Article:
Case Study:

September 1, 2019

In 2018, the Hawaii State Department of Health (DOH) contracted SM Hawaii to create a communications strategy to prevent drowning and other serious injury from occurring at Hawaii beaches. In April 2019, DOH officially launched the culmination of our work with the new Ocean Safety Website

The Need:

DOH initially approached SM Hawaii to create a communications campaign about general beach safety and snorkeling safety to reduce drowning and other injuries. According to DOH, drowning continues to be one of the main causes of death in Hawaii, and ocean drowning is by far the leading cause of death for visitors to Hawaii.1

Methods, Findings and Solutions:

Through its initial market analysis, SM Hawaii determined that while there was some information available on ocean and beach safety specific to Hawaii, it was fractured among many commercial, non-commercial and government-run websites. There was no central digital hub that contained exhaustive information about the dangers and safety protocols specific to Hawaii’s waters.

SM Hawaii conducted a complete review of available best practices in preventing ocean injury from sources in Hawaii, across the nation and around the world. Working with existing research, SM Hawaii created a communications strategy that included creating a comprehensive website that would serve as a resource of information for ocean and beach safety. This new website would pull together these best-practice recommendations and present them in a user-friendly way, enabling people to enjoy Hawaii’s beaches safely and responsibly, therefore reducing drowning and serious injury.

Information featured on the website would include how to understand the meaning ocean safety warning signs, the importance of going to a lifeguarded beach, information on how to prepare for and participate in snorkeling and other ocean activities safely, and a tool to help beachgoers assess their own physical abilities and limitations. contains a comprehensive statewide list of lifeguarded beaches and lifeguard schedules.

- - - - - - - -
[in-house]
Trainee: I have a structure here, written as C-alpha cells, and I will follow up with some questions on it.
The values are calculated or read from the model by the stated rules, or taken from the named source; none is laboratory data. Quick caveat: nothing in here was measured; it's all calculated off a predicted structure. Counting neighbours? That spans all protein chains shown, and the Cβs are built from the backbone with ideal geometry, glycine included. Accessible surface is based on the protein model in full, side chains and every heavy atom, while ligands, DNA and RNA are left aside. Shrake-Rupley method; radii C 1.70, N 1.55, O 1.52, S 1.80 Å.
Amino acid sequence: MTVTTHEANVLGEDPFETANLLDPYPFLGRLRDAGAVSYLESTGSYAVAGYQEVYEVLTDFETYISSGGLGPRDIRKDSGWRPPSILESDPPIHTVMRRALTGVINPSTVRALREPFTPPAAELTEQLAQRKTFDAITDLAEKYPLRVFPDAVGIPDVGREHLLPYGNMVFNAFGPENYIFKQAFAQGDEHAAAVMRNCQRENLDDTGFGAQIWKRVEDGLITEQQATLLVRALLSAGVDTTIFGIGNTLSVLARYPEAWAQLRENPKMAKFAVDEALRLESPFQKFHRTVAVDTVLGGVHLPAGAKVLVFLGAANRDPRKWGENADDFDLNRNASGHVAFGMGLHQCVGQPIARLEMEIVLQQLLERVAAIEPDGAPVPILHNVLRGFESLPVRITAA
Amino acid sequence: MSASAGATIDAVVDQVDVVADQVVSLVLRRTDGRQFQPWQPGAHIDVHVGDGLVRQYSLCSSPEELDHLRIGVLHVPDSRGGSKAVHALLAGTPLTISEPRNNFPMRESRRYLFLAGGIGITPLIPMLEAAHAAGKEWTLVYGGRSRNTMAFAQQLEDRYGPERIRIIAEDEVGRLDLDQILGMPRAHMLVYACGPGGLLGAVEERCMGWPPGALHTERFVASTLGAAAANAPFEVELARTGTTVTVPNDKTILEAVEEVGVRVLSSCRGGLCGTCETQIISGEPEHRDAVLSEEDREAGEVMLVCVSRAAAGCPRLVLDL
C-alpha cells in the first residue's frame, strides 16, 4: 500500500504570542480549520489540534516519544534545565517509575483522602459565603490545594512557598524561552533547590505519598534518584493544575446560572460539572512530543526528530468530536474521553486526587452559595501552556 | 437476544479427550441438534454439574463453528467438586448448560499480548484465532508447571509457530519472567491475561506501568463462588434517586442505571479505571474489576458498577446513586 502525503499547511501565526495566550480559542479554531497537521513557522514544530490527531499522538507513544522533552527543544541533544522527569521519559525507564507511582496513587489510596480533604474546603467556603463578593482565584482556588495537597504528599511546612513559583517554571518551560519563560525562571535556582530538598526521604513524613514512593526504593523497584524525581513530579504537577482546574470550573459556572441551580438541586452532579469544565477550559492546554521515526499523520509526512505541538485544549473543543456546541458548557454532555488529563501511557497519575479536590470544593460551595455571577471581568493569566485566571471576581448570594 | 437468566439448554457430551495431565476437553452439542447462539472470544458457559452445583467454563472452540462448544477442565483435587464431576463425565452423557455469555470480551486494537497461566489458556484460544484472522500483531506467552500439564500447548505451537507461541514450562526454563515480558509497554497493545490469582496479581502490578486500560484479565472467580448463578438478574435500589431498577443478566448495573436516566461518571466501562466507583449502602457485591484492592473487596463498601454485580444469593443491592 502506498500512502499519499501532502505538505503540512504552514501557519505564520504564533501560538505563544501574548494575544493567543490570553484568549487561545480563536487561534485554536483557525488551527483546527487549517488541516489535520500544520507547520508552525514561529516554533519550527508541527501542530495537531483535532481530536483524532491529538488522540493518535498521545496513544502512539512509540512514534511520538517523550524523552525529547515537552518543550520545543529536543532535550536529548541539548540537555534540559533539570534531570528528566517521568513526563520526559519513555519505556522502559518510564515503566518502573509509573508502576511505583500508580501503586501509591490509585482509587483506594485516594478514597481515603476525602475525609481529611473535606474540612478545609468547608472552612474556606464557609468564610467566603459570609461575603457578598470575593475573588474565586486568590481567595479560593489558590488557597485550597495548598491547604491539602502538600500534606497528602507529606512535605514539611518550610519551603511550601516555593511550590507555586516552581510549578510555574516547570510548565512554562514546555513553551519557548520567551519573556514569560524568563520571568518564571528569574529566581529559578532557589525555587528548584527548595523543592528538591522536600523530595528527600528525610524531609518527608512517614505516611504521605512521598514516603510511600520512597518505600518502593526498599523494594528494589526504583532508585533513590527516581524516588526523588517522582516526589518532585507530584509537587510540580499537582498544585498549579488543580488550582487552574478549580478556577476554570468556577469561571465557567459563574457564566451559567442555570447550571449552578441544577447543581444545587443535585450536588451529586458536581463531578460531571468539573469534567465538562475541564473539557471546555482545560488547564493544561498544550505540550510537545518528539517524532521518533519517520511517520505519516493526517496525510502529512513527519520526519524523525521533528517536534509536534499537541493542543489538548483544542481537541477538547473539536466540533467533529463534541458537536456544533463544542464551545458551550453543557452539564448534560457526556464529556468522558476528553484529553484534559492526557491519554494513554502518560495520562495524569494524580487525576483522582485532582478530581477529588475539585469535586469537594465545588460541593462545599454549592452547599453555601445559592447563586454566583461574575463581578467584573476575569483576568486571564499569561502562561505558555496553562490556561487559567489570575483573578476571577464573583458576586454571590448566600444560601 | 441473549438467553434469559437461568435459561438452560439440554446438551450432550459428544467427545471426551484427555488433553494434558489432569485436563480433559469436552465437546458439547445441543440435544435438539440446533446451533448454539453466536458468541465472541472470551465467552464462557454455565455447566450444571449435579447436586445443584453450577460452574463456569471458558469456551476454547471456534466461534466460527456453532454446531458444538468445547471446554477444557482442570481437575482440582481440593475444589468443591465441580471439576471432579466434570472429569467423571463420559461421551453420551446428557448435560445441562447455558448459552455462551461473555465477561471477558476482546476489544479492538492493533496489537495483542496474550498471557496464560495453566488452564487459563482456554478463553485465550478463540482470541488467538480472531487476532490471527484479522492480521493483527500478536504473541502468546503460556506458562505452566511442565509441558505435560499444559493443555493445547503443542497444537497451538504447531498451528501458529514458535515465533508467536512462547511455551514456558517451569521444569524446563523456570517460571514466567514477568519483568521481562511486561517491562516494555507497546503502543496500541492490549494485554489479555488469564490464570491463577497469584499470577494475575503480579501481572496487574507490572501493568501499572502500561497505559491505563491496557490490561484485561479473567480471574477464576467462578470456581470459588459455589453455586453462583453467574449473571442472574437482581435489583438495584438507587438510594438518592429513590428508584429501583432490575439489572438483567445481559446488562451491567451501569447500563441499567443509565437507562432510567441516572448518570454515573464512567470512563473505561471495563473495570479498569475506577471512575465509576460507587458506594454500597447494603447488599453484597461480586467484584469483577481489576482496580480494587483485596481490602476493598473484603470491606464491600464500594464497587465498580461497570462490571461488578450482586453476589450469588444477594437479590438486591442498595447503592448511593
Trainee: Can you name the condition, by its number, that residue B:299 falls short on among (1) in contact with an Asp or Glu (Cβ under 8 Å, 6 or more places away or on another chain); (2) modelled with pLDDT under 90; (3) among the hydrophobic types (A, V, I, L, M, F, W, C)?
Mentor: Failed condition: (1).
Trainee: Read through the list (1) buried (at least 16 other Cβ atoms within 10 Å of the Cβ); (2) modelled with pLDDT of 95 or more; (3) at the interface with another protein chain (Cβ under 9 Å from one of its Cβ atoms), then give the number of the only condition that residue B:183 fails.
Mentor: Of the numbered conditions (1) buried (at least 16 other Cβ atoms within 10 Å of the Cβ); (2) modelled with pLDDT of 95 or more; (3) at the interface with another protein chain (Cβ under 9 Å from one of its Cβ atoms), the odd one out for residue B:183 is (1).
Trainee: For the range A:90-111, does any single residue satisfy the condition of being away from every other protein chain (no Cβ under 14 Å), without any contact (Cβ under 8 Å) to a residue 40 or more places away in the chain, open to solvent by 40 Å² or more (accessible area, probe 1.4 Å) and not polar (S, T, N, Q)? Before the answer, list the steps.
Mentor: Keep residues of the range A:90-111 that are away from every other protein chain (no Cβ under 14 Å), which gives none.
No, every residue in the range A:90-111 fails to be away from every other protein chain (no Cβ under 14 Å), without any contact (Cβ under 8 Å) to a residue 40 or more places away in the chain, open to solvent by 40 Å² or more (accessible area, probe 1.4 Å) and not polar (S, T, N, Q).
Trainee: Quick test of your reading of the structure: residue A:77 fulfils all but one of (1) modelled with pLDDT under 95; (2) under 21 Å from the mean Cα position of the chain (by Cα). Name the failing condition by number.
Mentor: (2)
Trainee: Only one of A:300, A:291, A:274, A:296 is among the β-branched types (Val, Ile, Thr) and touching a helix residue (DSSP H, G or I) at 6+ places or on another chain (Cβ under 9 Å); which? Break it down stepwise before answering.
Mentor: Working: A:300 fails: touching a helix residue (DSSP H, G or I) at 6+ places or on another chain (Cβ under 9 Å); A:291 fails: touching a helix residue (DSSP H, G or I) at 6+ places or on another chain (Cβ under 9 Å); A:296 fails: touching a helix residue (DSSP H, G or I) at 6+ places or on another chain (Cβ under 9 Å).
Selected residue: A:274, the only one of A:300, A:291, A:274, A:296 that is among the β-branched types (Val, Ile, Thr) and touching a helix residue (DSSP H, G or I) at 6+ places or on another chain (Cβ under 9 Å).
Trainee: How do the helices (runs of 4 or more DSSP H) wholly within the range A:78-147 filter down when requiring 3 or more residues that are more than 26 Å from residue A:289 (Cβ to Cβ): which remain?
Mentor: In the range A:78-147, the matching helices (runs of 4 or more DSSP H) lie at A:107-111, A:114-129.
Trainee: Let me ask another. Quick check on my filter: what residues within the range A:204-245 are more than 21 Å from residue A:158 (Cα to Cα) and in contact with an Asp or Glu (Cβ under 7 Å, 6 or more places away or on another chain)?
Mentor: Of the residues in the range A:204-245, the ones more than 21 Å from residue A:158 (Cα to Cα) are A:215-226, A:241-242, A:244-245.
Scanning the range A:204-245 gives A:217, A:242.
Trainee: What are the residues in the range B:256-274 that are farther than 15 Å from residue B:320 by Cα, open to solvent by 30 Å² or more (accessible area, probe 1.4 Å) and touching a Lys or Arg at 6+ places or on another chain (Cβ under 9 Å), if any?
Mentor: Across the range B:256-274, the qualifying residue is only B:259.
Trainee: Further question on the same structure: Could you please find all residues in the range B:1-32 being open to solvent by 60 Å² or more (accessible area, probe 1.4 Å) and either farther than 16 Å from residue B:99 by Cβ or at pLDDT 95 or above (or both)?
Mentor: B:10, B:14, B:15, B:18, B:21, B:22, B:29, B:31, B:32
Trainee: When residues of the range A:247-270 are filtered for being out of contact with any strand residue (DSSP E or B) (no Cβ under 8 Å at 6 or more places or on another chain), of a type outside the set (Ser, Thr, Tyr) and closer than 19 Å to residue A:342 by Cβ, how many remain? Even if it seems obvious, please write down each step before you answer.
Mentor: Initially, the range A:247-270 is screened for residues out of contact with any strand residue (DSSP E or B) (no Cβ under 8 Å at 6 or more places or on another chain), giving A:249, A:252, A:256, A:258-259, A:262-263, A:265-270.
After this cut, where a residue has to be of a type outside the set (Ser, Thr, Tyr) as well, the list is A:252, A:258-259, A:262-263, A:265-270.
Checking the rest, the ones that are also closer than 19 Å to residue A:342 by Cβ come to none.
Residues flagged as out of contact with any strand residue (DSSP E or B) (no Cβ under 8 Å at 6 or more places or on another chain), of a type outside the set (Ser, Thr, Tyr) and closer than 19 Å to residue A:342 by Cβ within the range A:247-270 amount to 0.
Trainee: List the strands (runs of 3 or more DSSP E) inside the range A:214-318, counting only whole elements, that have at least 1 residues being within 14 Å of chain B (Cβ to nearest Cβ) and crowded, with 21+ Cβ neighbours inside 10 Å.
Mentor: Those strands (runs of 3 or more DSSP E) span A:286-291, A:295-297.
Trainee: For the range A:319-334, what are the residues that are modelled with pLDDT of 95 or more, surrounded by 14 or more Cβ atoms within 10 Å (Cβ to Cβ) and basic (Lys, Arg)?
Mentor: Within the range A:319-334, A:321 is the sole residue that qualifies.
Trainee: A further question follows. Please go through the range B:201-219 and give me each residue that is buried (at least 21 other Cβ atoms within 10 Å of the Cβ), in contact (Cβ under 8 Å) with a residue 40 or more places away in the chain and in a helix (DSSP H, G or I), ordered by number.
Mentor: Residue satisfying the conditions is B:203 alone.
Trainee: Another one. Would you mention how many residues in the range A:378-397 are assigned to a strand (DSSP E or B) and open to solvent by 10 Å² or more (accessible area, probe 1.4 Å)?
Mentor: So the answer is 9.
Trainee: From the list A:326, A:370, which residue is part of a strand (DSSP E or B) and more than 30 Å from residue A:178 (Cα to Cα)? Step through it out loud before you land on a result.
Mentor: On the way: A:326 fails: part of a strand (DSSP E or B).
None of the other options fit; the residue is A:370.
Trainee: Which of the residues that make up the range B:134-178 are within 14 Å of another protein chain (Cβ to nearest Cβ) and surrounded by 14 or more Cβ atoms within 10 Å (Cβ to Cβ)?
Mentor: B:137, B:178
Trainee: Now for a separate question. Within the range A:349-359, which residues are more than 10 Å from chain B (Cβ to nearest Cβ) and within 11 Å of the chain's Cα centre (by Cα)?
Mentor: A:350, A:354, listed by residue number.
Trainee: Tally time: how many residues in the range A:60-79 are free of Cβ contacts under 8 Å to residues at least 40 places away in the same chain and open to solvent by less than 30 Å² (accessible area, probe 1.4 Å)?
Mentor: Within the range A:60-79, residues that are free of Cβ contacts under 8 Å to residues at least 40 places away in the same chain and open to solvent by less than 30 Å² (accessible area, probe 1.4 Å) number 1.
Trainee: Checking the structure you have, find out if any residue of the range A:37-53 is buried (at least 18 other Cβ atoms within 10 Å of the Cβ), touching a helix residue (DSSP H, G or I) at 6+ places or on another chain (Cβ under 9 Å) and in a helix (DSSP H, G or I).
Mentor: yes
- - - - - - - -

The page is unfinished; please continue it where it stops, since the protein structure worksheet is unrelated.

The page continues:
To establish the target audience, we examined Hawaii data on the characteristics of drowning and injury victims collected over the past decade. Research showed that west-bound visitors to Hawaii had the highest incidence of drowning and injury while participating in ocean-related activities, and our communications plan and website content were developed with this audience in mind.

One of the graphics created for the campaign’s digital promotion

In addition to creating the communications strategy, SM Hawaii researched and selected campaign titles and website URLs, collected stakeholder feedback, created wireframe templates and functionality schemes, developed content, created style guides, designed the graphical elements, and conducted usability testing.


Our original wireframe design vs. the final layout

The end product,, boasts the most wide-reaching set informational safety content for beaches in the State of Hawaii ever presented on a digital platform.

Evaluation & Results:

For evaluation purposes, user feedback was implemented into the functionality of the website to provide real-world usability results.  The feedback so far has been overwhelmingly positive, with a vast majority of survey respondents finding the website visually appealing, easy to understand, useful and trustworthy.

Since the website was officially launched in April 2019, it has already received thousands of unique visitors.  Currently, its current bounce rates are lower and session durations longer than industry averages for websites of this type.

Knowing that DOH would be responsible for post-launch updates, the website was designed to be easily updated and tracked. DOH plans to continue updating the site as new safety information becomes available, and will track usability results and website analytics going forward.


1 Galanis, D. (2015, August 7). Water Safety and Drownings in Hawaii 2015 Presentation. Retrieved April 26, 2019, from Hawaii Sate Department of Health, EMS and Injury Prevention Branch.